A woman who, while a teenager, was preyed upon by her physics teacher for sex during extra-curricular sailing classes is pleading with authorities to make details of the case public.
She says publishing the man's name may encourage any other victims to come forward.
The Teachers' Council Disciplinary Tribunal struck the teacher off and said it was in no doubt that the 18-month full sexual relationship took place in the late 1980s when the woman was aged 16.
However, the tribunal's decision late last year was published without the teacher's name. Chairman Kenneth Johnston rejected the woman's application to publish it because, he said, "particular reasons" were needed to justify publication.
It is the case that has become the face of a Herald on Sunday push for more transparency of teacher disciplinary hearings.
The paper has formally applied for the case's details to be made public and asked the council to rewrite its rules so it does not start from a point of automatic suppression.
As well, editor Bryce Johns has appeared before a parliamentary select committee calling on the Government to force the teacher body to be as transparent as other professions such as doctors.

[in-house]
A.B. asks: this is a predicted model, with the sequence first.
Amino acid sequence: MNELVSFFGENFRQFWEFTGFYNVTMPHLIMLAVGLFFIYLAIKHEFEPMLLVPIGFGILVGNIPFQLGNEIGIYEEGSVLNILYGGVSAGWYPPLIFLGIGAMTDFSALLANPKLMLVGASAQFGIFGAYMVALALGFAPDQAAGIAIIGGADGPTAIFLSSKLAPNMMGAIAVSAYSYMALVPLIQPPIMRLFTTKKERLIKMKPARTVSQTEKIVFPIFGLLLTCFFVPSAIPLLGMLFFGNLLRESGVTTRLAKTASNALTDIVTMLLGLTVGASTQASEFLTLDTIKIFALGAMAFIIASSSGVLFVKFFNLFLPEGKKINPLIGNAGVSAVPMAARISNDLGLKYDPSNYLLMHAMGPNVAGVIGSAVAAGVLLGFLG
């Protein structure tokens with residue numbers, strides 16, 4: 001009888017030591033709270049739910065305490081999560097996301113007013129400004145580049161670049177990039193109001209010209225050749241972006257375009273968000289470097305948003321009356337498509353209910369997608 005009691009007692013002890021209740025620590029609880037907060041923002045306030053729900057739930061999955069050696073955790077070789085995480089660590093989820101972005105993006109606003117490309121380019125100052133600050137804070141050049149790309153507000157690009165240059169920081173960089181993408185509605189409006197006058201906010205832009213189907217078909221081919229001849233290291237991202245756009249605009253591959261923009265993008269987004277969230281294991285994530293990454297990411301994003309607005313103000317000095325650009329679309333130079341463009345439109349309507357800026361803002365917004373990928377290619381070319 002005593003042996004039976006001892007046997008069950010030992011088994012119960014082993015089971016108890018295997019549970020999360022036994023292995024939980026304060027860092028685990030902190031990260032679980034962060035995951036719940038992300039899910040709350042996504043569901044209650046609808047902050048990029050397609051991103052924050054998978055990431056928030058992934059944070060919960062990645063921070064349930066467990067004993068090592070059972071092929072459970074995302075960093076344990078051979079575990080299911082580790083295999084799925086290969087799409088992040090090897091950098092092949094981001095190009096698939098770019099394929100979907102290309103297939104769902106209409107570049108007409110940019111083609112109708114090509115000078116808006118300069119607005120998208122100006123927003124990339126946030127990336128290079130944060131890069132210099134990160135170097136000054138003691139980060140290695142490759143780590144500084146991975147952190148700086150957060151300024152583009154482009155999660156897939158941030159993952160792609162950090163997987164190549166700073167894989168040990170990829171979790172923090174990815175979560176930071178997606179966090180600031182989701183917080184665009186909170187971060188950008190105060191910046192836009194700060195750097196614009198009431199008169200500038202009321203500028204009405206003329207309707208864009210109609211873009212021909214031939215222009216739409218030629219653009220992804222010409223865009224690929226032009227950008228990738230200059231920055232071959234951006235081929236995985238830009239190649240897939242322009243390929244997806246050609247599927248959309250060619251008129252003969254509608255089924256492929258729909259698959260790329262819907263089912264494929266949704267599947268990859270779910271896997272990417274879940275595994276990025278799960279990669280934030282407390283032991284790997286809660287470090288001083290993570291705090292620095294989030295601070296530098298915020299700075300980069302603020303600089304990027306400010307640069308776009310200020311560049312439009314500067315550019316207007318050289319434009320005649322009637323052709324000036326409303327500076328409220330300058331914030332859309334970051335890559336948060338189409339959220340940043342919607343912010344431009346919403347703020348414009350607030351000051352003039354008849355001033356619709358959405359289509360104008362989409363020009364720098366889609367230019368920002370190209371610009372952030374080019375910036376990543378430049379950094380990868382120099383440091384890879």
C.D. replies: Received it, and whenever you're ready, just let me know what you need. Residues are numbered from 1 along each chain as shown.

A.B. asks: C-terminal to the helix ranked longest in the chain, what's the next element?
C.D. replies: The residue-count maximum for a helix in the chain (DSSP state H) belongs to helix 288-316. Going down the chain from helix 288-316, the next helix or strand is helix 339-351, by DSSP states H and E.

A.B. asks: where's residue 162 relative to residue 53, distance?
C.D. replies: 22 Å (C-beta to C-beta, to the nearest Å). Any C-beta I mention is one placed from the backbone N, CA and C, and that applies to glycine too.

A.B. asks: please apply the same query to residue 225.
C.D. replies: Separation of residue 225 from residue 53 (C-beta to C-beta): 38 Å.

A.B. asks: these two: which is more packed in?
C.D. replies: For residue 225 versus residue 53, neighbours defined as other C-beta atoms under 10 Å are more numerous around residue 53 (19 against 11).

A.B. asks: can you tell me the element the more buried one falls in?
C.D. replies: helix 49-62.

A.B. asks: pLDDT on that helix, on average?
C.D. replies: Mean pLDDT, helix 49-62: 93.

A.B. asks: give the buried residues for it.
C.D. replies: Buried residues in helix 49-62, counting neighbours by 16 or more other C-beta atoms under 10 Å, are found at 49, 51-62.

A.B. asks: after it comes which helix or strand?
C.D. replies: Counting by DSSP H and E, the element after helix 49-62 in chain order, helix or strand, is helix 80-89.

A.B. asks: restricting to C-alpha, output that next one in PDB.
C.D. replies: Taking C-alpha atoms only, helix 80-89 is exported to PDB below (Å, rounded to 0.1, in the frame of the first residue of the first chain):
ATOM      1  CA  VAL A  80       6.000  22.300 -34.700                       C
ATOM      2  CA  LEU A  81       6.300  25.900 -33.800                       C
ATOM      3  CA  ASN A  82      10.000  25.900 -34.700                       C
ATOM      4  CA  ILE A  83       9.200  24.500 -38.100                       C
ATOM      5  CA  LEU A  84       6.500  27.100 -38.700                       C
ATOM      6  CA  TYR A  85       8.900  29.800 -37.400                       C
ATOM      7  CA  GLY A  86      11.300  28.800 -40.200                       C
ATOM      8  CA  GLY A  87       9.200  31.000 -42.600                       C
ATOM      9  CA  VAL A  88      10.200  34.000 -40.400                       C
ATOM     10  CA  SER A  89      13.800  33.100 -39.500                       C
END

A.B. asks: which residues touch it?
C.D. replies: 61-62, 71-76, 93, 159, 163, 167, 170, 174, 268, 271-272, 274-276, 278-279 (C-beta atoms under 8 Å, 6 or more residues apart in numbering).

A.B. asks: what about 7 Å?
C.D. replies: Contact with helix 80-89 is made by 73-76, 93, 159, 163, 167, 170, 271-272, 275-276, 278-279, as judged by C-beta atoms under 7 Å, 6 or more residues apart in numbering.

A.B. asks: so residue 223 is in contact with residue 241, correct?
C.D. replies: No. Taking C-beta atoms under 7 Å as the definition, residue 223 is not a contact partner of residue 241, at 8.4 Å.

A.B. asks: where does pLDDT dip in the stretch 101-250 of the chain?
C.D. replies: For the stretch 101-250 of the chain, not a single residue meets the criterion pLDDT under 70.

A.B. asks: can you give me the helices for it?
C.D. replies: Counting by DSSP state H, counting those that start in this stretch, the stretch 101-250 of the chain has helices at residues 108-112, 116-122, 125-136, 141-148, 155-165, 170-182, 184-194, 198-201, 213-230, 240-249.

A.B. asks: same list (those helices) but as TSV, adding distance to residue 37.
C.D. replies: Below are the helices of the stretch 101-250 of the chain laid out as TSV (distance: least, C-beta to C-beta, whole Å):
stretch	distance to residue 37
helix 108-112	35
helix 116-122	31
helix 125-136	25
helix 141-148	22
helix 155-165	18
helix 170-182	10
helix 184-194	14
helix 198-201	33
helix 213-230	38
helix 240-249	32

For the first time, we can reveal that the victim in the test case - who the Herald on Sunday has chosen not to name - fully supports our application.
She contacted the paper in the wake of the publicity, and gave us a copy of a letter she has written to the Teachers' Council.
It says: "Indeed, it was a newspaper article about a different teacher at another school which first prompted me to action, realising that I could have the potential to prevent further crimes being committed by the individual who targeted me, and it has always been my wish that this teacher be publicly named, to prevent his re-offending in the future."
Publishing his name could prompt any other victims to come forward, the woman believes.
"After much soul searching, I honestly can-not see what is so special about teachers to allow them name suppression.
"The Herald on Sunday has my absolute full support in this matter."
She says the physics teacher's actions were among the worst in any society and he should be held accountable.
If the tribunal chairman decided not to make the teacher's name public, he would essentially be "enabling" the teacher and others like him to continue offending.
Johnston has written to all the parties involved in the woman's case, including the current principal of the school where the offending occurred, seeking their views on revealing the teacher's name.
His decision is expected next week.
The woman told the Herald on Sunday that dealing with the Teachers' Council over her complaint had been a long and frustrating process, which she embarked on in 2002.
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